Sunday, August 30, 2015

Return Of The Notebook.

A couple of years ago I started carrying a notebook with me. From time to time I'd write descriptions of things I saw, interactions between people, quotes, signs, and story ideas. I figured it might be a good resource to keep, a way to get my brain working creatively. For a while I kept it up to date. Sometimes I felt like I was forcing words onto the page, and I was concerned it might read as pretentious - an insincere effort to describe things that weren't as interesting as I'd imagined (or pretended) them to be.

And so it fell by the wayside. Occasionally I'd think of something I'd seen, reach for the book and write it down. But the entries were sporadic at best. Months would go by without any new words in there. And then, a few weeks ago, I picked up the notebook and read through it. And I enjoyed what I read.

While the notes are not intended to be shared, I needn't have worried about how they came across. I enjoyed them, they relit memories of events. I recalled forgotten incidents and moments. And best of all, I found a few story ideas congeal in my brain.

So I've started writing notes again. I don't keep it with me all the time - it's a little impractical, but I'm using it regularly and the notebook is filling up.

I have Numbers Two and Three all lined up and ready to go.

Sunday, August 23, 2015

Know Your Product.

I've spent the week analysing a bunch of short stories.  All these stories have been published in the one market. I've been rejected there a bunch of times and come close a few times, but it's a market to which I long to sell.

Editors are buyers. And they buy according to quality and taste. Magazines have particular bents, particular types of stories they publish. And so I do my research.

I believe I have the quality, but I've been wondering whether my stories are lacking a certain element that this particular editor likes. Or whether my writing style simply doesn't sit right with the editor.

I've completed my research, and I've come to several conclusions.

Now to see whether I can successfully apply them to my writing.

Sunday, August 16, 2015

Why Neil?

"We knew about failure. We recognized failure. We knew it was there, we always looked for it. Everything we did was based on decisions on failure rather than success." ... "We grew up telling each other we were making mistakes when we made them. And that is how we learned."

- Chris Kraft.

"There is a time to be conservative and a time to be bold. And judgement, good judgement, tells you when to be what."

- Max Faget.

"The guy was really cool - cool, calm and energized. Neil was at his peak when he was operating at his peak. He was never in a frantic mode, but he was quick. I was very comfortable with him, not that I could predict everything he was going to say or decide. I think you had to work with him to understand him. He could make an analysis of a problem very quickly."

- Dave Scott.

"I wasn't chosen to be the first. I was just chosen to command that flight. Circumstance put me in that particular role." ... "I just don't deserve it."

- Neil Armstrong.

Sunday, August 9, 2015


We all make typos. And they can be difficult to find.

There was one story I wrote which passed through about five readers. Each made comments on it. I wrote and rewrote and edited that beast many times. I sold it to a quality market, where it then underwent further edits with an experienced editor.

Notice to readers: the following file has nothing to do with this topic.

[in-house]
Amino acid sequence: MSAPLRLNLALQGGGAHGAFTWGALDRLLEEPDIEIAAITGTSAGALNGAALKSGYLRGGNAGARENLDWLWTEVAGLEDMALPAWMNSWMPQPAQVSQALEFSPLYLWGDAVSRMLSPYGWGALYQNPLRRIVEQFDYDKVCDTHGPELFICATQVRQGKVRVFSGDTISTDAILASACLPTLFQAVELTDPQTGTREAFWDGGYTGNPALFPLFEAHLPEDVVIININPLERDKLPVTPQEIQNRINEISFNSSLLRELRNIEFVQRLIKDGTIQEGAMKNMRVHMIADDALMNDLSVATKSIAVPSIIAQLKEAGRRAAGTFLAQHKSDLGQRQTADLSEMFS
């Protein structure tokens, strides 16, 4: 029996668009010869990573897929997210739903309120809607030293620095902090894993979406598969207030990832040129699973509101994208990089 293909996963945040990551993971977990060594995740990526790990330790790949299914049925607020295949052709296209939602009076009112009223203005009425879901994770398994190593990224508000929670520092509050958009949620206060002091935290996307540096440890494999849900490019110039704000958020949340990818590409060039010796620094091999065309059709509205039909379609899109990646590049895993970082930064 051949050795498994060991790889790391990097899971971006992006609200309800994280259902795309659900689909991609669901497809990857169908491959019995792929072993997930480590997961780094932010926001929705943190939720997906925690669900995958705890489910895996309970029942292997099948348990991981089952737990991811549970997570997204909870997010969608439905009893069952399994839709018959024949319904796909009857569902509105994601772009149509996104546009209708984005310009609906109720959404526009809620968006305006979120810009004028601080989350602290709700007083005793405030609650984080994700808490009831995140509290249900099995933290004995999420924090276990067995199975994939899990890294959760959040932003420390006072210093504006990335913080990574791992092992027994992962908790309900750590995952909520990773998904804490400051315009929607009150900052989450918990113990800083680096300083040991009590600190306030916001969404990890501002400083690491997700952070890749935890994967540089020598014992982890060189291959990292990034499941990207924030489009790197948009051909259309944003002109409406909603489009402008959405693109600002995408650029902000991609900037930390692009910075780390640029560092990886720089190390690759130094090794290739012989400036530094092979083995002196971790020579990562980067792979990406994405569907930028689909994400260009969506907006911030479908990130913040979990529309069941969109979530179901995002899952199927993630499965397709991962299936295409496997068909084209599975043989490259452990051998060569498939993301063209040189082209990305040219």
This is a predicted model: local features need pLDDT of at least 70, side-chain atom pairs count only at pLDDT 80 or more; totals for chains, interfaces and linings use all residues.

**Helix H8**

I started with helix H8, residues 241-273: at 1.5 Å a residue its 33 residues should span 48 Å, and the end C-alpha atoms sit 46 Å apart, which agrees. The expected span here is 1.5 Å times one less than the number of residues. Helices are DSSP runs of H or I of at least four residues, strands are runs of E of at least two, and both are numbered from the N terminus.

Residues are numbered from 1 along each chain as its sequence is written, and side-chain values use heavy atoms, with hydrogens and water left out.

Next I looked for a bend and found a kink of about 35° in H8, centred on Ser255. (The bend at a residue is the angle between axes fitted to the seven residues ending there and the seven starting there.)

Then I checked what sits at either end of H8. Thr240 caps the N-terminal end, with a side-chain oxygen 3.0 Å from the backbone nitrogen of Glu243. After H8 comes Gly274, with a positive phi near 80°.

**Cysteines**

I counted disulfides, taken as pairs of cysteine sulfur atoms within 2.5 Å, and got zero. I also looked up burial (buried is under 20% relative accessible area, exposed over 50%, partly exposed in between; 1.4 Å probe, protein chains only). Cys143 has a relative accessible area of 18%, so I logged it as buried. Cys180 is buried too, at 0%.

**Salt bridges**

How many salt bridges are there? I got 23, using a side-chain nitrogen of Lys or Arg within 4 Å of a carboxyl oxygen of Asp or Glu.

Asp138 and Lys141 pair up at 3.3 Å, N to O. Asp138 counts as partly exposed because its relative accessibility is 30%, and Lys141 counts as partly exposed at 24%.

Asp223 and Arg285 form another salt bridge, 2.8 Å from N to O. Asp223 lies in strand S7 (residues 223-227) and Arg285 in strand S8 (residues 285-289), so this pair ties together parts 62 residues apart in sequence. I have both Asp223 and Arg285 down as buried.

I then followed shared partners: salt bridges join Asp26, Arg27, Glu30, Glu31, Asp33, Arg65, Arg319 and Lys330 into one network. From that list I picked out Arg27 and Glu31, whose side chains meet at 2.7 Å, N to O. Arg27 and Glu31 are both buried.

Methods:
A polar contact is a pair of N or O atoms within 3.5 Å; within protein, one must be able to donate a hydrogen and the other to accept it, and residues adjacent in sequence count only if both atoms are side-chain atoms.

So you can understand how surprised I was to open my contributor's copy only to find a typo on the first page of my story. I hadn't even read the published story yet. The mistake just leaped out from the page at me.

I checked the piece I had submitted. I checked the final version before publication. I checked the very first draft. And the typo was in all versions. No one, including myself, had picked it up.

Typos will beat the best of us, but there's no excuse for not using a spellchecker.

I was recently trawling around the internet, checking out writing websites and author's pages, and I was surprised to see some dreadful writing and really obvious mistakes on some of these pages. Not all these authors are known. Many are 'emerging' writers, by whichever definition you choose. Some I know of, although none personally.

It seems to me though that it's hard enough to get published at pro-levels without making it more difficult for yourself. The story might be superb, but editors aren't going to get that far if the page is unreadable. Not everyone can punctuate properly, but at least check your spelling. Oh, and for that one writer on that one blog in particular who complains they can't sell a story?  You should try commas and other punctuation marks sometimes.

Sunday, August 2, 2015

A Senseless Act.

I had some great moments with the students in my writing class this week.

I had them write a paragraph, a short one describing a particular place. Very few included senses at all. Then I got them to re-write it, and to include senses. Sounds, smells, sights, textures. And some of the pieces I saw were really good.

I spent six years living in Tokyo, so it's a special place for me. But just a few weeks ago , while walking past a restaurant (not Japanese), I was hit by a particular aroma that made me think of a certain street in Japan. While many senses can trigger memories, smells are particularly good at doing so.

Of course there are more than the five senses we all quote when asked. There's also the sense of balance, hunger, thirst, temperature, and so on. And referring to these in your writing help make the words and the worlds come alive.

And that's an important way to connect with a reader. Senses are familiar all of us, and they will trigger a response at some level.

And in writing, an emotional response is a good thing.